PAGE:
Strings of Desire
EMF’s fifth annual Guitar Summit
Young classical guitarists often discover their chosen profession comes with one major drawback. Because becoming proficient on your instrument requires a lot of time alone, you’re practically sentenced to a life of solitary confinement. Woodshedding with fellow musicians hasn’t been an option — till now. EMF has come up with a solution, redemption for those formerly incarcerated in lonely rooms.
Now in its fifth year, the Guitar Summit allows EMF attendees the chance to work with their peers as well as to strengthen their skills with one-on-one, master class tutelage from a trio of faculty guitar instructors. The program was developed under the guidance of Kami Rowan, PhD, and currently department chair for Guilford College’s music department where she has helped to build up a robust classical guitar program. She was also involved in putting together the Weaver Academy for the Performing Arts. A classical guitarist, she has long wished for a guitar summit for students, but until recently nothing like it, save the odd weekend-long festival, existed.
When given the go-ahead, there was only one caveat. Music director and conductor, Gerard Schwarz, insisted that Jason Vieaux be on the program. “That was my only thing. ‘You can plan this any way you want, but I want Jason to be one of the teachers,’” Schwarz told Rowan. Vieaux’s 2015 solo album, Play, won the 2015 Grammy for Best Classical Instrumental Solo and he was the first classical musician to be featured on NPR’s Tiny Desk series.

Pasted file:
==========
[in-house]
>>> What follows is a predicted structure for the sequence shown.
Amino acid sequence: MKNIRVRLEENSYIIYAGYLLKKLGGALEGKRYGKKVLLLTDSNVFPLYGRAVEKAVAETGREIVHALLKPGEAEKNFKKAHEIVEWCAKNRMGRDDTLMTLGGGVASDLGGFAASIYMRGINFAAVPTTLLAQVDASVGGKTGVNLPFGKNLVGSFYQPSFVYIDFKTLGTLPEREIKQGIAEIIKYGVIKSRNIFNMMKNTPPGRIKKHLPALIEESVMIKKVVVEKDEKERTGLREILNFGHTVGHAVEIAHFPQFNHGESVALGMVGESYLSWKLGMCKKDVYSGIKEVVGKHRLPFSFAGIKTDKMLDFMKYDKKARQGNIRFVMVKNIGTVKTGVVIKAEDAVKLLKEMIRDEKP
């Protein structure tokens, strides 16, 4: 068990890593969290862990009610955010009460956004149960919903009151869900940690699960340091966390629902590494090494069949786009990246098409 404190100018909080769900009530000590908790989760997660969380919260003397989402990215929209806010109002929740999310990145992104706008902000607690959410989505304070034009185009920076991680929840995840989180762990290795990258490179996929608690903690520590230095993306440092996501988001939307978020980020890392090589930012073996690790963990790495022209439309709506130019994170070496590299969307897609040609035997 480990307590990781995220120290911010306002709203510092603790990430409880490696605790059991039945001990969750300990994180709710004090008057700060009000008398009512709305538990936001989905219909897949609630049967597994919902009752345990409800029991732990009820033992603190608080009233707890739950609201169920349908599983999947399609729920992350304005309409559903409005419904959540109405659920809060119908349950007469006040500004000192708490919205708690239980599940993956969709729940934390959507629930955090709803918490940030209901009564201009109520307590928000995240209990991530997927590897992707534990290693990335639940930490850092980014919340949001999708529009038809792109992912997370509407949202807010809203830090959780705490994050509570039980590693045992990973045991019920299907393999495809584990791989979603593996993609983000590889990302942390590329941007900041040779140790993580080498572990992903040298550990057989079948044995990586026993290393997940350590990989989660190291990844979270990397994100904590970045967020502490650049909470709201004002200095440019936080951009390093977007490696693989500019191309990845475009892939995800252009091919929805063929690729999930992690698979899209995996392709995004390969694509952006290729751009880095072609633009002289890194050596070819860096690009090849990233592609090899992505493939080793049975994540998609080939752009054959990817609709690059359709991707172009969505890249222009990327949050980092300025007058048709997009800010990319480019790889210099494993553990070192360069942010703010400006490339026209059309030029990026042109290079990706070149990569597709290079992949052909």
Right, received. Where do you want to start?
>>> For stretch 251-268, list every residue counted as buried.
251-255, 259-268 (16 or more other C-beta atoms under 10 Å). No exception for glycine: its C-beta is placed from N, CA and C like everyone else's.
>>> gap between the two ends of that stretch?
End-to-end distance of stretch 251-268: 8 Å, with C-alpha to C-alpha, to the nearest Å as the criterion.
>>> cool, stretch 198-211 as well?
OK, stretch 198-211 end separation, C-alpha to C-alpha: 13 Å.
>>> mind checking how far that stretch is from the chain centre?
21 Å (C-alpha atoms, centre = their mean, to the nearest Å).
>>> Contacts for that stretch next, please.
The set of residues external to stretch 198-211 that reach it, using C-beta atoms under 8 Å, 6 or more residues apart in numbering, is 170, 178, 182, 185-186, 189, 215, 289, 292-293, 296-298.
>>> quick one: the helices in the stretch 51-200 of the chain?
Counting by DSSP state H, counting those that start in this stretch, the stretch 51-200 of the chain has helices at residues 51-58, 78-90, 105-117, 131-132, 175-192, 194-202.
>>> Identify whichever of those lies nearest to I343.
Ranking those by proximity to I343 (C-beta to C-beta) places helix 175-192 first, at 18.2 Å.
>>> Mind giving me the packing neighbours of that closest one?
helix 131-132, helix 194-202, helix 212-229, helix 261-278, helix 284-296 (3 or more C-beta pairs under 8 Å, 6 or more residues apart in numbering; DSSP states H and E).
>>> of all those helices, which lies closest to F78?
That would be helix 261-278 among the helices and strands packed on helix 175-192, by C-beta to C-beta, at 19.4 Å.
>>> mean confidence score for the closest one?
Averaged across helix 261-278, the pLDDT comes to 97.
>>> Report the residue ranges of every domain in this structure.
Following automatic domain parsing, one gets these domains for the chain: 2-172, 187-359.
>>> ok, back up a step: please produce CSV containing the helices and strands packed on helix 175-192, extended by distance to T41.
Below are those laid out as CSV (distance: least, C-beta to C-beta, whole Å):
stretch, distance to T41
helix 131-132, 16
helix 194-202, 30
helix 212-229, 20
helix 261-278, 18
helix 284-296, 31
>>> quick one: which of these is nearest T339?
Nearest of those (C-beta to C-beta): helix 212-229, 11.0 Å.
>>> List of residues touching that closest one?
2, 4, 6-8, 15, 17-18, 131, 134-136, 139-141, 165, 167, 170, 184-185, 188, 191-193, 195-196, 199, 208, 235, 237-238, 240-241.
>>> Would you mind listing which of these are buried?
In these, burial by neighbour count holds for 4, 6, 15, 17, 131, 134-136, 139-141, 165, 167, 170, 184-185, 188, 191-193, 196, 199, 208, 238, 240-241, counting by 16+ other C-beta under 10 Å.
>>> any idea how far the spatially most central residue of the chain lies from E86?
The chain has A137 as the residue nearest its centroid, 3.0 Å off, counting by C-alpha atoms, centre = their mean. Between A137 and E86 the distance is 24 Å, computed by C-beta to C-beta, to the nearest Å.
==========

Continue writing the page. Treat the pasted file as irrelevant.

She also recruited Julian Gray, professor of music and director of the Guitar Studies for Shenandoah Conservatory of the Shenandoah University, known for his innovative and progressive arrangements. “I felt like the three of us really complemented each other; we brought very different skills to the table.” Rowan says of the immersive two-week program that will host 18 students (up from 12 the first year), ranging in ages 14 to 28. “They must really want to come,” Rowan allows, emphasizing a rigorous audition process that requires performance videos, a repertoire and instructor list.
“By immersive, I mean they wake up in the morning and they’re on it. We have class first thing and they don’t stop until they go to bed.”
The Summit is also groundbreaking in that the students get to collaborate, first working on-on-one with her, then a large guitar ensemble with all 18 guitarists. This year’s piece, “We’re All In This Together,” was written by local composer and Guilford alum Mark Charles Smith. As a bonus, students are chosen to work with other instrumentalists. “That’s really different, and definitely a plus for their résumés to have that type of chamber music experience,” Rowan says.
EMF Executive Director Chris Williams concurs, citing the solitary life of a guitarist. “It’s a real challenge for some of these people to work in small ensembles,” he observes. “Maybe it’s the first time they’ve done something like that.” — Grant Brittt